For the first time, sociologists have mapped the romantic and sexual relationships of an entire high school over 18 months, providing evidence that these adolescent networks may be structured differently than researchers previously thought.
The results showed that, unlike many adult networks, there was no core group of very sexually active people at the high school. There were not many students who had many partners and who provided links to the rest of the community.
Instead, the romantic and sexual network at the school created long chains of connections that spread out through the community, with few places where students directly shared the same partners with each other. But they were indirectly linked, partner to partner to partner. One component of the network linked 288 students – more than half of those who were romantically active at the school – in one long chain. (See figure for a representation of the network.)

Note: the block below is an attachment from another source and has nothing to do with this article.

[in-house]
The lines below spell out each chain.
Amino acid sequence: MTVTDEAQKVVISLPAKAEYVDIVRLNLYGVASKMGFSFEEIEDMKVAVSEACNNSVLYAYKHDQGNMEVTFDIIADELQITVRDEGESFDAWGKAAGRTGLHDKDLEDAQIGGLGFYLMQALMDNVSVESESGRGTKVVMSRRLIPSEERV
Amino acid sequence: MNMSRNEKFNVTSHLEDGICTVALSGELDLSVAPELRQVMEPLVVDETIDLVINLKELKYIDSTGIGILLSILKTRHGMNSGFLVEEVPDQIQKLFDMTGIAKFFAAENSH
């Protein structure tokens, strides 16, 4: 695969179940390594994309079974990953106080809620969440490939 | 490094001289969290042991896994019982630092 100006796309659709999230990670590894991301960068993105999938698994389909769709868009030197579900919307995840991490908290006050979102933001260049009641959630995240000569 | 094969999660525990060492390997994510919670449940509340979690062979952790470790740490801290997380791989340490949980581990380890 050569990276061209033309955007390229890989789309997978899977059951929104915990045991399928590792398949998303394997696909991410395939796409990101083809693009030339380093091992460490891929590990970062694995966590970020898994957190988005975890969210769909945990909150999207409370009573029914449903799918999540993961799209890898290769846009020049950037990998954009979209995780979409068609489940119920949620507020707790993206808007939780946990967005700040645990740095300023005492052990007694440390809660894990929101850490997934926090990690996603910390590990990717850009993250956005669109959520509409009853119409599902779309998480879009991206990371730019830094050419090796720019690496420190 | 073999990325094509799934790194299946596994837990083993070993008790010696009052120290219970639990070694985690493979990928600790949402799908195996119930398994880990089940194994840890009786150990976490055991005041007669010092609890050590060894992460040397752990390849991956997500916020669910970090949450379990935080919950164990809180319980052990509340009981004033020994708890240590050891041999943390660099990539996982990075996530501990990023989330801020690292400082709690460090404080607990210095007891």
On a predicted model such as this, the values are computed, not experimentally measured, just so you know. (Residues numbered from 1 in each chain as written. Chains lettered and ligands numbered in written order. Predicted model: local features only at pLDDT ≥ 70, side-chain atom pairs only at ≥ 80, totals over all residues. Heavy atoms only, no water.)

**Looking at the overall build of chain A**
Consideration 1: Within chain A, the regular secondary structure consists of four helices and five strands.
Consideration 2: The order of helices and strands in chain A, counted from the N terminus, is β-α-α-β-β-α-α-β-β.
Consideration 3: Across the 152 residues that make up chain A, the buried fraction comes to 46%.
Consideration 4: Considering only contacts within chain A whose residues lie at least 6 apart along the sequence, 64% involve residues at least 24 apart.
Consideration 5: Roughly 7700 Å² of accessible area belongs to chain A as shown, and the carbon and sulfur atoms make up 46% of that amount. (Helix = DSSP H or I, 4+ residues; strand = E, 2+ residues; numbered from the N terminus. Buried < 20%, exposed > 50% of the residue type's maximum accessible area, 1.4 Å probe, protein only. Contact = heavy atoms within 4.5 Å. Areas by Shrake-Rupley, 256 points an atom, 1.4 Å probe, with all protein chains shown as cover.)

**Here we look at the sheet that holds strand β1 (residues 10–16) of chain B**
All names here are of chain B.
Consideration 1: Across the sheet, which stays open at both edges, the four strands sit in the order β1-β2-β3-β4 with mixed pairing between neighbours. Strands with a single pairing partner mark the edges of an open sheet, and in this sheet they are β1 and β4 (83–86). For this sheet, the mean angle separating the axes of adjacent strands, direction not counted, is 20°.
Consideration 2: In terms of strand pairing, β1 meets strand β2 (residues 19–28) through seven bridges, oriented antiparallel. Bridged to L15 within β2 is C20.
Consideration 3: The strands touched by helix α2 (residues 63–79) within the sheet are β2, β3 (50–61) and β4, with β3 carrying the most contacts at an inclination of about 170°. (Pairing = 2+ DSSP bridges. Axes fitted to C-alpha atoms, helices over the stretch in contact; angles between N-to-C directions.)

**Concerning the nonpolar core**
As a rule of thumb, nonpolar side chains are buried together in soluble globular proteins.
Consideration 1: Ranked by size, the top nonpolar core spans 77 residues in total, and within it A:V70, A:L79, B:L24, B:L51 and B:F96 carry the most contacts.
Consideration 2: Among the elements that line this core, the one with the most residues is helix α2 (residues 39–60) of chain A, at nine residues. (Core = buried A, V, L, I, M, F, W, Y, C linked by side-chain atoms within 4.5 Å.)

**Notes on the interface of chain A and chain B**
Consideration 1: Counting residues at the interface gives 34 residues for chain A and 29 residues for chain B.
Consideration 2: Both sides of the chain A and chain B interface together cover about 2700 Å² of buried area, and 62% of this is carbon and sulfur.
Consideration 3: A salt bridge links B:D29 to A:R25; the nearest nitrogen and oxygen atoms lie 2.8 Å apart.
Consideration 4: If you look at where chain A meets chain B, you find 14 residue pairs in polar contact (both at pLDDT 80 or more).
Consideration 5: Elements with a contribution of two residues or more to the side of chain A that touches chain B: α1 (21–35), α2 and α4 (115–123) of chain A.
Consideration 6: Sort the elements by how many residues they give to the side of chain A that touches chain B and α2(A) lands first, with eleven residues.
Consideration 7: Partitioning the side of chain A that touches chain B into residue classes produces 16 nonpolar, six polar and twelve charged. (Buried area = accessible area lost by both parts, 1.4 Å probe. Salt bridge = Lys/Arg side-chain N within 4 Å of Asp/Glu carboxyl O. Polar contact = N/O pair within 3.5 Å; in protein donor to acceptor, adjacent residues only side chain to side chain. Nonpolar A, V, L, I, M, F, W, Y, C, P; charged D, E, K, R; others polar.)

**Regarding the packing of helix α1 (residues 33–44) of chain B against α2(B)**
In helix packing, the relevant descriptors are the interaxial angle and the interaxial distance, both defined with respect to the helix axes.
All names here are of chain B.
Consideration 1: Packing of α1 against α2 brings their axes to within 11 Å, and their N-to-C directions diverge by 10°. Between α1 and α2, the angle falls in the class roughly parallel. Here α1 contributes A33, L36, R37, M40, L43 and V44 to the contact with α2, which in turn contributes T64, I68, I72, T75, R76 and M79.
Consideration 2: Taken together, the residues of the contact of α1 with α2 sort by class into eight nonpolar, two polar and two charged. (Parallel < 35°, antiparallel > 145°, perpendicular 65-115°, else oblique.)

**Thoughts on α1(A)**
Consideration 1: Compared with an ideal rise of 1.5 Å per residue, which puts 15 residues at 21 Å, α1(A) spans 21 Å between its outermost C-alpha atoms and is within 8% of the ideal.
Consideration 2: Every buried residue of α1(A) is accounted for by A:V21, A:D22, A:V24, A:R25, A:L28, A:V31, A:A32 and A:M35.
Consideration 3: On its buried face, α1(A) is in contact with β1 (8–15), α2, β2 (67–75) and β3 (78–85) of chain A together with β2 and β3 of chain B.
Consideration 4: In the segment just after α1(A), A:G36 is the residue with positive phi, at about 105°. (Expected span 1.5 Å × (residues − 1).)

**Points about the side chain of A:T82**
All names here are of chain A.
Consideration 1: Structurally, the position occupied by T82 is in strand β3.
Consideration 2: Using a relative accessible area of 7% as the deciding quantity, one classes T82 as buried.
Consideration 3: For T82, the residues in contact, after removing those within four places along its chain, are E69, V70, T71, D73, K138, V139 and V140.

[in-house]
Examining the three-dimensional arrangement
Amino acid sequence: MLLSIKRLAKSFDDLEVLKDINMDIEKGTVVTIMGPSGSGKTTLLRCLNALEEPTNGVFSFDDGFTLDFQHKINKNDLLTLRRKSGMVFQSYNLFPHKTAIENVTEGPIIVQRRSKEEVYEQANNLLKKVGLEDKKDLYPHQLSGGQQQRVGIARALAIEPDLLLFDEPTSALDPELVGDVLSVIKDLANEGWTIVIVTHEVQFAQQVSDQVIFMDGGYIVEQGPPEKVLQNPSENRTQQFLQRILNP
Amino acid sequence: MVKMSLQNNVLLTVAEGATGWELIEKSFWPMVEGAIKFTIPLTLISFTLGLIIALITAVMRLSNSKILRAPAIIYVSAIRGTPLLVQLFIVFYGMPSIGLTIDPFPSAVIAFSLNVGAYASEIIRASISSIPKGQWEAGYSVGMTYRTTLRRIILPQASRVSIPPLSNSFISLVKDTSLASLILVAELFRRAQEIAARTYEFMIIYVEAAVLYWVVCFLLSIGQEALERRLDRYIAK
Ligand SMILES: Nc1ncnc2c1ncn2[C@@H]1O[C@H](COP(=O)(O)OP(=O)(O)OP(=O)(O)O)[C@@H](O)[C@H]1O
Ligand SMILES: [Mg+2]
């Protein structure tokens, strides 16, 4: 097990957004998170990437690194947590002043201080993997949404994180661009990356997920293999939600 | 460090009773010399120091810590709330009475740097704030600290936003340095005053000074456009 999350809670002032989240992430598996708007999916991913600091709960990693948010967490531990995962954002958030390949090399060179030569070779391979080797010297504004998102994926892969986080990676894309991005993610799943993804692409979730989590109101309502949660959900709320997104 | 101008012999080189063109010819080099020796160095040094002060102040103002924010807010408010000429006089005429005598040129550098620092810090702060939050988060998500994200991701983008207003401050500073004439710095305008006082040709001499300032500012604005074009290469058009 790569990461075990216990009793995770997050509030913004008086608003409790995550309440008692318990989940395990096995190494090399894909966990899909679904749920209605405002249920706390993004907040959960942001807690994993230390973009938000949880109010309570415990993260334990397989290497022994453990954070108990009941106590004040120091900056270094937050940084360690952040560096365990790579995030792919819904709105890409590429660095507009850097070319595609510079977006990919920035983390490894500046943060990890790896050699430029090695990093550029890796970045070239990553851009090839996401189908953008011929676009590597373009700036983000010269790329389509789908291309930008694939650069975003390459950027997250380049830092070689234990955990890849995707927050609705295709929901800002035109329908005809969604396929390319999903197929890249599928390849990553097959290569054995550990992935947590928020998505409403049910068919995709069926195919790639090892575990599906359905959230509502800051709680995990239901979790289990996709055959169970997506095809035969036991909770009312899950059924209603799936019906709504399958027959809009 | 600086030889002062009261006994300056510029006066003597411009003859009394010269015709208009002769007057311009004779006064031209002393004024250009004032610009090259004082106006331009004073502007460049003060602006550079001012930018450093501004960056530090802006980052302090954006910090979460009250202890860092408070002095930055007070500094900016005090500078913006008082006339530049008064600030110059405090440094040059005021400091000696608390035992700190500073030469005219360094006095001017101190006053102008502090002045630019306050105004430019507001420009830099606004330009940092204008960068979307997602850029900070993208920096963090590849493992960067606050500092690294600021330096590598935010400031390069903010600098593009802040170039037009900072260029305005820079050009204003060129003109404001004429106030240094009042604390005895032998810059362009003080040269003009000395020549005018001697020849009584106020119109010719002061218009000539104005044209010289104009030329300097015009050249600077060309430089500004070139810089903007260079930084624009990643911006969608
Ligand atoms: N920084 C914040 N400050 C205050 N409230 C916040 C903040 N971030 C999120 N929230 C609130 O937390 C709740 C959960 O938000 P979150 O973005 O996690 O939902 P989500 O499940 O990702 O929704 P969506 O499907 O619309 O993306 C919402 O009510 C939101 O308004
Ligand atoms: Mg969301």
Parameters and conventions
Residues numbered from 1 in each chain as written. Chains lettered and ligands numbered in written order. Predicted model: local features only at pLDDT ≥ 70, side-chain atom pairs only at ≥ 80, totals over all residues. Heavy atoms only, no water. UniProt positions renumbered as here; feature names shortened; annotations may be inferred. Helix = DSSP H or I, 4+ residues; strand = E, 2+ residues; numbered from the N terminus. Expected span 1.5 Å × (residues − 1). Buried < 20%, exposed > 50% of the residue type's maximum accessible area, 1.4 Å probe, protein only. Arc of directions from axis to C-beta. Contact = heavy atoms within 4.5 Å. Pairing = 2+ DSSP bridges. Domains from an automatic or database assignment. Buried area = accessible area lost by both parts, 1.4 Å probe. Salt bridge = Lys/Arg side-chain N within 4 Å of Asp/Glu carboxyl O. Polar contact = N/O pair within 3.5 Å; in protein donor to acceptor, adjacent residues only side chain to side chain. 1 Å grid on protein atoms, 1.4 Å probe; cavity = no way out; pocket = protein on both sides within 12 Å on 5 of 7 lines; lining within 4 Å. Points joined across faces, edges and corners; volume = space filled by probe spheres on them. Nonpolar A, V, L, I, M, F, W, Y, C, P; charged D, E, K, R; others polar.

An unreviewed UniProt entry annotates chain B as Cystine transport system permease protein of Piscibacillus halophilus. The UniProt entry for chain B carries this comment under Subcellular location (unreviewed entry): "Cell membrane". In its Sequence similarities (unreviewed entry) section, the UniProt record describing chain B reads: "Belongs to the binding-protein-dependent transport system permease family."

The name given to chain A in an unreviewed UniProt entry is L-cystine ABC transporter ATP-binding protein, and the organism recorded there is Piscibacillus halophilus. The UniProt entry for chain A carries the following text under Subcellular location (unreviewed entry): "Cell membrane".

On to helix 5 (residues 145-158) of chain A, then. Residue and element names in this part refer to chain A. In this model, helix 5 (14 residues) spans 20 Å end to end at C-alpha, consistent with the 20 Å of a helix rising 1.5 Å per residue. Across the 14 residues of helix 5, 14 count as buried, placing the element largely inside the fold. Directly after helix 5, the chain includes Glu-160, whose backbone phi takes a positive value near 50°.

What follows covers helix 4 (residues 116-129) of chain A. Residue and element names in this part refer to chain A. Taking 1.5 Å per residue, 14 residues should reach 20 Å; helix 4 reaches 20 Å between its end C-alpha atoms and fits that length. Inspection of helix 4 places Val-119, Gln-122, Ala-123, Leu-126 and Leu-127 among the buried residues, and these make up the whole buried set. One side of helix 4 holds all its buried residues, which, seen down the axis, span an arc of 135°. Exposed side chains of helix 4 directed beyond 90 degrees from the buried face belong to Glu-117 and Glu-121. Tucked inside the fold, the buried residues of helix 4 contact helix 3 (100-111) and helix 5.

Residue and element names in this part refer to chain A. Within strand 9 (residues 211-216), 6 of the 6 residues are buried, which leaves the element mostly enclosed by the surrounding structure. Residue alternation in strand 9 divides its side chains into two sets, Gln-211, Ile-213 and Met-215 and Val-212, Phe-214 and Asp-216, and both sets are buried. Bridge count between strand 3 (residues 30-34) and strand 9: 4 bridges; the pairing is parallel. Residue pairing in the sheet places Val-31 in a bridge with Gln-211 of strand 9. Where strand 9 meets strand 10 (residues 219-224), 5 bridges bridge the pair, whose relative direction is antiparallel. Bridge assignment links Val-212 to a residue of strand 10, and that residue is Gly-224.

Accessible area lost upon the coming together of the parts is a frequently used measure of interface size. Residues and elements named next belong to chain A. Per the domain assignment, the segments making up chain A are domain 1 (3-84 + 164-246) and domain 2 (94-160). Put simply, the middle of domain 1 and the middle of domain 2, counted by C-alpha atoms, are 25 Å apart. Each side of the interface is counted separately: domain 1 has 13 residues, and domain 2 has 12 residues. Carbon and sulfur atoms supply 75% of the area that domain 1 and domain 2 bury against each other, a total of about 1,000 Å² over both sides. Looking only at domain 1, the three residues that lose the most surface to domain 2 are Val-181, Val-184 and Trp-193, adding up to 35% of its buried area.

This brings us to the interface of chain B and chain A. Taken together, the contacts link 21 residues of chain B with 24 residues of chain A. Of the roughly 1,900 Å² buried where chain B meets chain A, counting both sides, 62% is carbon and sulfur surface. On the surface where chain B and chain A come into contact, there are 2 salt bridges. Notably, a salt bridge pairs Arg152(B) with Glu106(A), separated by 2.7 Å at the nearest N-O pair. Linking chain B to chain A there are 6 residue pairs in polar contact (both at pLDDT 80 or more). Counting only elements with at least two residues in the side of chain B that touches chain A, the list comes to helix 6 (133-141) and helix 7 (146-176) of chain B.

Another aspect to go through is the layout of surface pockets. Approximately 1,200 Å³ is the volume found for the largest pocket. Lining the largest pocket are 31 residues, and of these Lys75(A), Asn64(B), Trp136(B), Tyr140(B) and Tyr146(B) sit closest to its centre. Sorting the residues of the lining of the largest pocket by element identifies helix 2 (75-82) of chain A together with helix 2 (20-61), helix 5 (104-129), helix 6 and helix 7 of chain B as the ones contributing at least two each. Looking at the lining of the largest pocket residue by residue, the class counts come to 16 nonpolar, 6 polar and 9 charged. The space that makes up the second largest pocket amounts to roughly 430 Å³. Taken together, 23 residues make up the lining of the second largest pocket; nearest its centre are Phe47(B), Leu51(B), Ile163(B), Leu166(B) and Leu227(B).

James Moody | EurekAlert!
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